For multinationals that want to do business in the country, the environment is different and, depending on the business, it could be favorable. It is important to reiterate that the Brazilian jurisdiction and the federal political power seek to attract direct foreign investment and, therefore, that which intends to be implanted here, practically gains national status for the purposes of tax on the production of goods or services’ provision. Even though the bureaucracy can be considered intense, as a rule, the foreign investor has no restrictions or encumbrance to do business in Brazil as a result of his foreign status. 

On the other hand, in some situations, the foreigner and his investments may enjoy benefits for carrying out the endeavor. In any case, he has, for tax purposes, the same condition as a Brazilian, with a few peculiarities that must be observed on a case-by-case basis. 

As for the trades involving products or services, Brazil also has a culture of always encouraging exports linked to the payment of free convertibility currencies, unencumbering in these transactions the taxa of the revenue earned by the respective exporter. Currently, there is an exemption from exportation tax, contributions to PIS, COFINS, ICMS, IPI, and ISS, always respecting the specific rules for the case. Regarding importation by Brazilian entities located here, Brazil presents as a legislative tax policy position to encumbrance the introduction of products and services from abroad, subjecting them to an unfavorable position from the point of view of competitiveness with locally produced products and services. Basically, goods/services of foreign origin are encumbered by the importation tax – II and contribution for intervention in the economic domain – CIDE, respectively, taxes that do not fall upon the acquisition of goods and services produced locally.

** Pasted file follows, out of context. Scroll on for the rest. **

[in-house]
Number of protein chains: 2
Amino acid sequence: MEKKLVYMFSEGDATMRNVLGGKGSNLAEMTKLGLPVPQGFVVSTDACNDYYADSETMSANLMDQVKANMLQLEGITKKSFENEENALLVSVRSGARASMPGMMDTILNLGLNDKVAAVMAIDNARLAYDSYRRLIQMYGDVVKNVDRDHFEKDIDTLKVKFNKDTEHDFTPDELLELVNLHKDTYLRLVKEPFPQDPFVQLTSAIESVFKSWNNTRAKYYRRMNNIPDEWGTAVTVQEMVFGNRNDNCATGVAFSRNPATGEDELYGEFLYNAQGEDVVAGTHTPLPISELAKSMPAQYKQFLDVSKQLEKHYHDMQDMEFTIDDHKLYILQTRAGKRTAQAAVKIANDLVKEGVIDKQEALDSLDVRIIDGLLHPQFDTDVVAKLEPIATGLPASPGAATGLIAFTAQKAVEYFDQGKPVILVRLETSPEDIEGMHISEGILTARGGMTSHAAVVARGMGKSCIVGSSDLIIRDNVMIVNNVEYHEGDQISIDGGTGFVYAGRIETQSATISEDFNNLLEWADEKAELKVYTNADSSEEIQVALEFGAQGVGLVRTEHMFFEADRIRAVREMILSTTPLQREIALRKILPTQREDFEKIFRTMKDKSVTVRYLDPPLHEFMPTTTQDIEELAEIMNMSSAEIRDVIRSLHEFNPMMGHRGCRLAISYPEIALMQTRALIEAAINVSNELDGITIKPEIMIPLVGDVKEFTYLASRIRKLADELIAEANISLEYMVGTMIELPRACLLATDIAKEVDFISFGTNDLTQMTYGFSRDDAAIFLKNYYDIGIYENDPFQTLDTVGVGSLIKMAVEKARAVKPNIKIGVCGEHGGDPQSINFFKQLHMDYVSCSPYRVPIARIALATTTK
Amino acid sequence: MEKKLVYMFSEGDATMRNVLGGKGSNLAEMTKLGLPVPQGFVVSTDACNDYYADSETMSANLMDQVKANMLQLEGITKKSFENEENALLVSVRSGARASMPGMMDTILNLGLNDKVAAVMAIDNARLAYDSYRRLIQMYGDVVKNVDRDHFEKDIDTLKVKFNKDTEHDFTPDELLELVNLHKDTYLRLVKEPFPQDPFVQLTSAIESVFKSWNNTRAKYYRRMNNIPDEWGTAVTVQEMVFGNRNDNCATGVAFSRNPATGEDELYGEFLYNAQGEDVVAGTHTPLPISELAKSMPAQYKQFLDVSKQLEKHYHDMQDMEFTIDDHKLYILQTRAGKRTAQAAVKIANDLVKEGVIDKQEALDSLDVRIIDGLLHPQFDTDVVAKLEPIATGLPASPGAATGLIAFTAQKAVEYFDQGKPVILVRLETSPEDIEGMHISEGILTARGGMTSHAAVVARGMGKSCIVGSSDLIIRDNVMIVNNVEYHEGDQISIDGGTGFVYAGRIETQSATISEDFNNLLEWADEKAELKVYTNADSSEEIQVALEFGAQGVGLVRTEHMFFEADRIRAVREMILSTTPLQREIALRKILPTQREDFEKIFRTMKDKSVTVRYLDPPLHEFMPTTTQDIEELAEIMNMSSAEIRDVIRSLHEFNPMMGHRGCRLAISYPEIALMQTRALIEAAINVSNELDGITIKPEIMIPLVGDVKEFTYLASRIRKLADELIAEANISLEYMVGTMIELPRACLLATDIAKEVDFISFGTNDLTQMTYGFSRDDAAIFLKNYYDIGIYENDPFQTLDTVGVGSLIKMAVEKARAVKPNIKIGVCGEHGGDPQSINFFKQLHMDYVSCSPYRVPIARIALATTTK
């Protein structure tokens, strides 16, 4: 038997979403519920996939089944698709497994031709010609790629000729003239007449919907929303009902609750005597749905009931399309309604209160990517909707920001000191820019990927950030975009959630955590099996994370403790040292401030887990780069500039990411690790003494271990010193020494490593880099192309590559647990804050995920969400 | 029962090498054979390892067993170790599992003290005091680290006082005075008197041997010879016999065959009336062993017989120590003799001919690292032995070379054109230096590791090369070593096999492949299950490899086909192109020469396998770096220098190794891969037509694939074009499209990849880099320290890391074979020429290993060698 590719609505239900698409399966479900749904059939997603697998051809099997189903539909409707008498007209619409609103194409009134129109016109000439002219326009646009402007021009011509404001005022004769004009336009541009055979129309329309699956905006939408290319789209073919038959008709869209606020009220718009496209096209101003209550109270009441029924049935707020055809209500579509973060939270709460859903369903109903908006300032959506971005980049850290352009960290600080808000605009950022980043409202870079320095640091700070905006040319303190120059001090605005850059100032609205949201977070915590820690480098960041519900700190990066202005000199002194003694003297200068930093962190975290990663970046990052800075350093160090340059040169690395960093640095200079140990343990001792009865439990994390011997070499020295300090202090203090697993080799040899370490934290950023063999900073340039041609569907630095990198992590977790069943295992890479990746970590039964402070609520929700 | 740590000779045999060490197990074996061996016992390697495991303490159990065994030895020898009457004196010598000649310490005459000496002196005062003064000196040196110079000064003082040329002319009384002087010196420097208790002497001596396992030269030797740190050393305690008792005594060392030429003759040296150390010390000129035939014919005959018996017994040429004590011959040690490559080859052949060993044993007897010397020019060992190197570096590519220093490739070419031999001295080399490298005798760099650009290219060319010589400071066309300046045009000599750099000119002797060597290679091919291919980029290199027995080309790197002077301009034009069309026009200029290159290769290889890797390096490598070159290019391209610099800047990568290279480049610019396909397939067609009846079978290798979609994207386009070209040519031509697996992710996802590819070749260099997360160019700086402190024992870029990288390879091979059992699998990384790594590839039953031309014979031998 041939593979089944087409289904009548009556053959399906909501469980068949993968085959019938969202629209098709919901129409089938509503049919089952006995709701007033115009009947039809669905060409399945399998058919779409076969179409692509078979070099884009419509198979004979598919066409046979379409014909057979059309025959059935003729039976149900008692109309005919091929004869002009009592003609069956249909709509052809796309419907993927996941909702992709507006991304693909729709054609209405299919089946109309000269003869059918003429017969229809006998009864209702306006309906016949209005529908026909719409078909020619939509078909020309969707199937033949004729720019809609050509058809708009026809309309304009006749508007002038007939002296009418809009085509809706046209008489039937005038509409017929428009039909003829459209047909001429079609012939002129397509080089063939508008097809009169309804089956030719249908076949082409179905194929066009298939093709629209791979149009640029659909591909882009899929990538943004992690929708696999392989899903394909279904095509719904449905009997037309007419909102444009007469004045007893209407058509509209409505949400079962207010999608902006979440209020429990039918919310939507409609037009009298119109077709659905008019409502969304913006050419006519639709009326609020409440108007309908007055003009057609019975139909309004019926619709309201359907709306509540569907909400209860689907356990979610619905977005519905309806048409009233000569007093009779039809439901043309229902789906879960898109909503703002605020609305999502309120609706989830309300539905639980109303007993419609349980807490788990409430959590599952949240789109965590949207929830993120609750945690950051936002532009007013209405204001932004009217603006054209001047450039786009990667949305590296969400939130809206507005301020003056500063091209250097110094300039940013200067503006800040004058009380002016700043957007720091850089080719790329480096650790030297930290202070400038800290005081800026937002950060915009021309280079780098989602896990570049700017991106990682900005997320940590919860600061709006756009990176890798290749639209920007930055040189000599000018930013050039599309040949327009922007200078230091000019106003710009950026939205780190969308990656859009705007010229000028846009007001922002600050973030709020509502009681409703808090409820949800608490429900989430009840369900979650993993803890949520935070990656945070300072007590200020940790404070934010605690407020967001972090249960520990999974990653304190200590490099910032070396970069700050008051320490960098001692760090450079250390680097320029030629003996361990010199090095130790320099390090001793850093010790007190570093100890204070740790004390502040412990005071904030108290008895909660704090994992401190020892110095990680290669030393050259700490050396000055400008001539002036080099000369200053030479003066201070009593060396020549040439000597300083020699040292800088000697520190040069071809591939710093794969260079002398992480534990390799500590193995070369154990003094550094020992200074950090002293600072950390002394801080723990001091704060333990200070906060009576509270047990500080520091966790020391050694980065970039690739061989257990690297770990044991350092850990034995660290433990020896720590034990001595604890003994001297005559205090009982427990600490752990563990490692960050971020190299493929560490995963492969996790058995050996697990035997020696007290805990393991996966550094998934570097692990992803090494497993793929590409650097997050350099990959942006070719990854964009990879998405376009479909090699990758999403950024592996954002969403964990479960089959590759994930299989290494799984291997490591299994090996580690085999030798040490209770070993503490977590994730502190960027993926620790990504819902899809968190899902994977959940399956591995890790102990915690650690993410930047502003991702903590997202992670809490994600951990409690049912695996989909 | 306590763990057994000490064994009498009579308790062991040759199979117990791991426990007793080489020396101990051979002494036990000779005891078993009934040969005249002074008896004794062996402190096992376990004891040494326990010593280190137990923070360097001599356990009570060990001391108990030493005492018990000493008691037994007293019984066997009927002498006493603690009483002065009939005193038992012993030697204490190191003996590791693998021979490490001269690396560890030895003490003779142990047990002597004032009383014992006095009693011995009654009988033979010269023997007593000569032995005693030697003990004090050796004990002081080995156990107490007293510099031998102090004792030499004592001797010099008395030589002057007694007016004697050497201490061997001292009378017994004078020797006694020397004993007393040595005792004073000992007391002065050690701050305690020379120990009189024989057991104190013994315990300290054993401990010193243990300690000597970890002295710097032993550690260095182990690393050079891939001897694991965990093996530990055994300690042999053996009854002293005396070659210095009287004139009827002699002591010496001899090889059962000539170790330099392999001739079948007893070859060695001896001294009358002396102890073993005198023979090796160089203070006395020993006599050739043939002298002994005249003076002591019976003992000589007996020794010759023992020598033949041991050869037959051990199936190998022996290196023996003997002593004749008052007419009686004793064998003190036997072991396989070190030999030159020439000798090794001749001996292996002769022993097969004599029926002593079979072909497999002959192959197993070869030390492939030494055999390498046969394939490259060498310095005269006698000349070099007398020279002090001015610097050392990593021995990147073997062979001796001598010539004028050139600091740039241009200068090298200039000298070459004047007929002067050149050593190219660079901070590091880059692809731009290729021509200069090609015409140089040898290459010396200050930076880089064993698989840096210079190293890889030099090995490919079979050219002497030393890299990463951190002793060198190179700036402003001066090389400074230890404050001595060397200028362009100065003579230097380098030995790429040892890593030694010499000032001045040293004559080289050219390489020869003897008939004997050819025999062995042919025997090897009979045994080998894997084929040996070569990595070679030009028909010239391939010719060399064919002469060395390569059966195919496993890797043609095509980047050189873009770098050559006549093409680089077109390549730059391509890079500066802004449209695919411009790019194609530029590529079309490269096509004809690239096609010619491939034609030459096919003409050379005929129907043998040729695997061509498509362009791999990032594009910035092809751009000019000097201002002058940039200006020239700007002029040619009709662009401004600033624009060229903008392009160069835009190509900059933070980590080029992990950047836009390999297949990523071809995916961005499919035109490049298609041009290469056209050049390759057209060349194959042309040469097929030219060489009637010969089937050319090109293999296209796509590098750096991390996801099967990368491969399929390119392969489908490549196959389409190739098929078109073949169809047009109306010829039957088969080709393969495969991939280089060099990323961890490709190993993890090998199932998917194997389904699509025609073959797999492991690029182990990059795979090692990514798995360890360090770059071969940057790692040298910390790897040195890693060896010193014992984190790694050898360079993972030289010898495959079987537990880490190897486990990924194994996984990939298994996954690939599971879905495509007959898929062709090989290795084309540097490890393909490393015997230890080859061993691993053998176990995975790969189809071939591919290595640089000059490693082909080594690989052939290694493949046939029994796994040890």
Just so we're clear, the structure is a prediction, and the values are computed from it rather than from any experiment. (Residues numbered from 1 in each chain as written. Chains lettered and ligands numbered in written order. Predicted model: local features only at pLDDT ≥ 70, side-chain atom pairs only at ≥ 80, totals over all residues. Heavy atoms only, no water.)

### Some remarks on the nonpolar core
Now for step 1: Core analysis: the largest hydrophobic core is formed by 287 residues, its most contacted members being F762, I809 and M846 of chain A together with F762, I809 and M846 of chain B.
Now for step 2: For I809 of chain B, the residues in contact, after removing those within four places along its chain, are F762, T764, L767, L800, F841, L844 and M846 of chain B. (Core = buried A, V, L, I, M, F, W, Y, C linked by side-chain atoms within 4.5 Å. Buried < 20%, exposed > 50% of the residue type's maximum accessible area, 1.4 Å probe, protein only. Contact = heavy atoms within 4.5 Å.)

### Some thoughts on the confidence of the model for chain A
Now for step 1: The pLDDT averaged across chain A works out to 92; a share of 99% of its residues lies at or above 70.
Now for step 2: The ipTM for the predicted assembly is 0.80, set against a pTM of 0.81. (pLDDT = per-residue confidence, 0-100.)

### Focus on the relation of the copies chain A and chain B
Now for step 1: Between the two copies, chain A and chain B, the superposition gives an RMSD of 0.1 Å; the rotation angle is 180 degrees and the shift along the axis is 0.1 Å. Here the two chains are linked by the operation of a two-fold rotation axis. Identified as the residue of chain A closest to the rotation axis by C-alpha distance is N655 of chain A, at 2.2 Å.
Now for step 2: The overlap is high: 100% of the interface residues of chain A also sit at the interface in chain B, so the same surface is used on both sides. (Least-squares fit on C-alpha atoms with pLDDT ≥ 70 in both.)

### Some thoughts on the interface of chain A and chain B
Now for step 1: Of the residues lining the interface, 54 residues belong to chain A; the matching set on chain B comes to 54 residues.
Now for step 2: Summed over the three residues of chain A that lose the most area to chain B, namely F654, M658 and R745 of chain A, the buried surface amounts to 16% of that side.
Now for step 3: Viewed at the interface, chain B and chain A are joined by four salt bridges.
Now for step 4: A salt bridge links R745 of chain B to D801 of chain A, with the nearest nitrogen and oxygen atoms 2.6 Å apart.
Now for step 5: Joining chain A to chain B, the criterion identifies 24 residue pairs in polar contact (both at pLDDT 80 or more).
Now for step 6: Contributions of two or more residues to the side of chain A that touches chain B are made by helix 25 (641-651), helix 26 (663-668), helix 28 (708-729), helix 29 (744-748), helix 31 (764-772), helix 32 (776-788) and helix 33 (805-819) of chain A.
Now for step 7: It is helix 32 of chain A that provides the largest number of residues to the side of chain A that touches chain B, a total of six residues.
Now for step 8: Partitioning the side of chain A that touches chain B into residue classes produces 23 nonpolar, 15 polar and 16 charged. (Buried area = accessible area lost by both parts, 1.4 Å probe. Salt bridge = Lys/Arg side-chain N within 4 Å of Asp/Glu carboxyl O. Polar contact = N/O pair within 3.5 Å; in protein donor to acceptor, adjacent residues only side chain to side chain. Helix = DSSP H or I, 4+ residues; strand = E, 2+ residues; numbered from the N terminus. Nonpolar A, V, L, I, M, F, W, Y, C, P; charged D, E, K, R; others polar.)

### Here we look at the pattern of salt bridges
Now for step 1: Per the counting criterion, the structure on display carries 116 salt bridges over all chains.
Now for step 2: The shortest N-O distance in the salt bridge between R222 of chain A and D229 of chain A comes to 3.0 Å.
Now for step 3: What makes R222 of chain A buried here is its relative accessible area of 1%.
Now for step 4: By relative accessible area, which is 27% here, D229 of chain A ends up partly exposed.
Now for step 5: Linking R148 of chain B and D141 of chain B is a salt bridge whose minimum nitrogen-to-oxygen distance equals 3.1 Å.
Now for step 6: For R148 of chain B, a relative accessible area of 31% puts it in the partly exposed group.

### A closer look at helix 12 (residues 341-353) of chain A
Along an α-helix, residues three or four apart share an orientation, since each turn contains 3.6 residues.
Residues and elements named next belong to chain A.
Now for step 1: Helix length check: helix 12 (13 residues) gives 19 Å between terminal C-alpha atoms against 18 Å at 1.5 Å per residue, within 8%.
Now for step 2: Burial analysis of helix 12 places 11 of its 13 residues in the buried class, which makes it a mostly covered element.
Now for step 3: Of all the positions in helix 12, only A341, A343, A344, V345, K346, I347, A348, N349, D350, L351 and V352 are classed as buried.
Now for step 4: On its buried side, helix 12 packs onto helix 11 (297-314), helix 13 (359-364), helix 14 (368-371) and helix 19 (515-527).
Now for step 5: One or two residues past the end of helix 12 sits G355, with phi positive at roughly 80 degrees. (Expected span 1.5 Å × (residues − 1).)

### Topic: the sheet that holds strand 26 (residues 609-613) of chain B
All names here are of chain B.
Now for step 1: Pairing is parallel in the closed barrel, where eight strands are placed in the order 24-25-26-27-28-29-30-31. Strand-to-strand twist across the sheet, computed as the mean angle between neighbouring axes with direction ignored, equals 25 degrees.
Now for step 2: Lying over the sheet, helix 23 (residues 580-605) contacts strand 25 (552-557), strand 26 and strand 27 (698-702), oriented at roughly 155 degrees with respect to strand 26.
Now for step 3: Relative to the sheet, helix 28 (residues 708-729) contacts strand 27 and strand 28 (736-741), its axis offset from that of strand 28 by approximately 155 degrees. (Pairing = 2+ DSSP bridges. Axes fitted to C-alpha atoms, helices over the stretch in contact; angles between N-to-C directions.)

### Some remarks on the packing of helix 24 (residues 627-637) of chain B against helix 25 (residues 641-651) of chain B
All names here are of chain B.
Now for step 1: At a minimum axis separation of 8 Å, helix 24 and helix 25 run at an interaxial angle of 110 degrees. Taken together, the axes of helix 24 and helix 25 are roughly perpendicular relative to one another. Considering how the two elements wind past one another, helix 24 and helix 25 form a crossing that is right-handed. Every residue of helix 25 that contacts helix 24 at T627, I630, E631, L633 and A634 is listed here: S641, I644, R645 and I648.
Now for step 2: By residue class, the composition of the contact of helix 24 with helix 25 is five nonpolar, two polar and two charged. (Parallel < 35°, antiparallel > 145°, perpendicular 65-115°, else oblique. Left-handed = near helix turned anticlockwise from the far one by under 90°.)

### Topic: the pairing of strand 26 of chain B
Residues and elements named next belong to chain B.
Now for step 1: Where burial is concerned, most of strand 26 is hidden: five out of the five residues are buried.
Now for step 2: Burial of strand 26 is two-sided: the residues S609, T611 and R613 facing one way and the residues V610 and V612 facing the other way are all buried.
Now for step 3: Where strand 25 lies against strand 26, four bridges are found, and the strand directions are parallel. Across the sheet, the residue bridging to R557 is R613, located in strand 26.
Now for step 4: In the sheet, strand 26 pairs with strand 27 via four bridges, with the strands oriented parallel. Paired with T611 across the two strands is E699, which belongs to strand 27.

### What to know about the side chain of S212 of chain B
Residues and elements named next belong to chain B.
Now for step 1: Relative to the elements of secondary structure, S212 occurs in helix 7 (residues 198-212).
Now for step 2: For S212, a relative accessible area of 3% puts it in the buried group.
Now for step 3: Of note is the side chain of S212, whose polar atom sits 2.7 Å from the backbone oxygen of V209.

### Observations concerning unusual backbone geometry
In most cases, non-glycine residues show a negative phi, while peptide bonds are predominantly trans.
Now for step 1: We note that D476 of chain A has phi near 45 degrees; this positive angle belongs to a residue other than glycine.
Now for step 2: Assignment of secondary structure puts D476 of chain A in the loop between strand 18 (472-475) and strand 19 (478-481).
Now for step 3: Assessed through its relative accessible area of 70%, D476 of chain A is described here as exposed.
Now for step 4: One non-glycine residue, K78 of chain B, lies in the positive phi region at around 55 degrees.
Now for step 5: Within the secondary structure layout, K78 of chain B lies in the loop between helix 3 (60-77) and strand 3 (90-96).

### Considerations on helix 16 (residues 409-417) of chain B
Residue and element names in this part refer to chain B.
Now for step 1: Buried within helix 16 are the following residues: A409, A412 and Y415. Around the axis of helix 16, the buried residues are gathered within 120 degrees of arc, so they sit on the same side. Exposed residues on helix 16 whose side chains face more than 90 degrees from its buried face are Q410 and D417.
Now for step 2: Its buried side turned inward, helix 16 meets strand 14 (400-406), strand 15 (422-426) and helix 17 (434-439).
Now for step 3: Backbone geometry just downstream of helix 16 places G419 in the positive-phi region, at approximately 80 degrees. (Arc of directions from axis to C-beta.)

Brazil has signed some economic cooperation agreements, the Mercosur being the most prominent one, currently. This agreement encumber products produced by countries in the bloc from importation taxes. The absence of other agreements of greater relevance prevents products from other locations from being introduced in Brazil in an equivalent environment to national goods. In this area, the possibility of formalizing the agreement with the European Community may cause the mentioned importation tax to cease to be fall upon certain products, increasing market competitiveness, whether for foreign producers who want to introduce their products into Brazil, or for Brazilians who want to compete with their products in the common European market. 

In any case, it is important to understand the tax environment and the taxes’ types that will be fell on the foreign products’ importation and services by Brazilian taxpayers and, with this, to evaluate, in planning, ways to reduce this tax charge. This study has gained even more importance due to recent changes in the United States America’s law, a country that, despite not having a treaty, locally allowed taxes paid by American taxpayers in foreign jurisdictions to be offset against taxes owed to the American jurisdiction itself. This internal rule allowing the use of the tax paid abroad as a tax credit may have its days numbered. That is because nowadays the law restricts credits only if they were generated in countries that have similar tax systems to those in the United States. And this is not currently the case in Brazil. 

3. But, after all, what is international tax? 

International tax is the set of standards and administrative regulations promoted by all countries (jointly – as members of the OECD – or separately) to organize the collection of taxes, formalization of treaties, and economic management around the world and in multilateral transactions. 

Understanding these impacts on transactions between countries is important to guide corporate decisions, especially in light of the new actions developed by the OECD to reduce tax evasion related to Base Erosion and Profit Shifting (BEPS).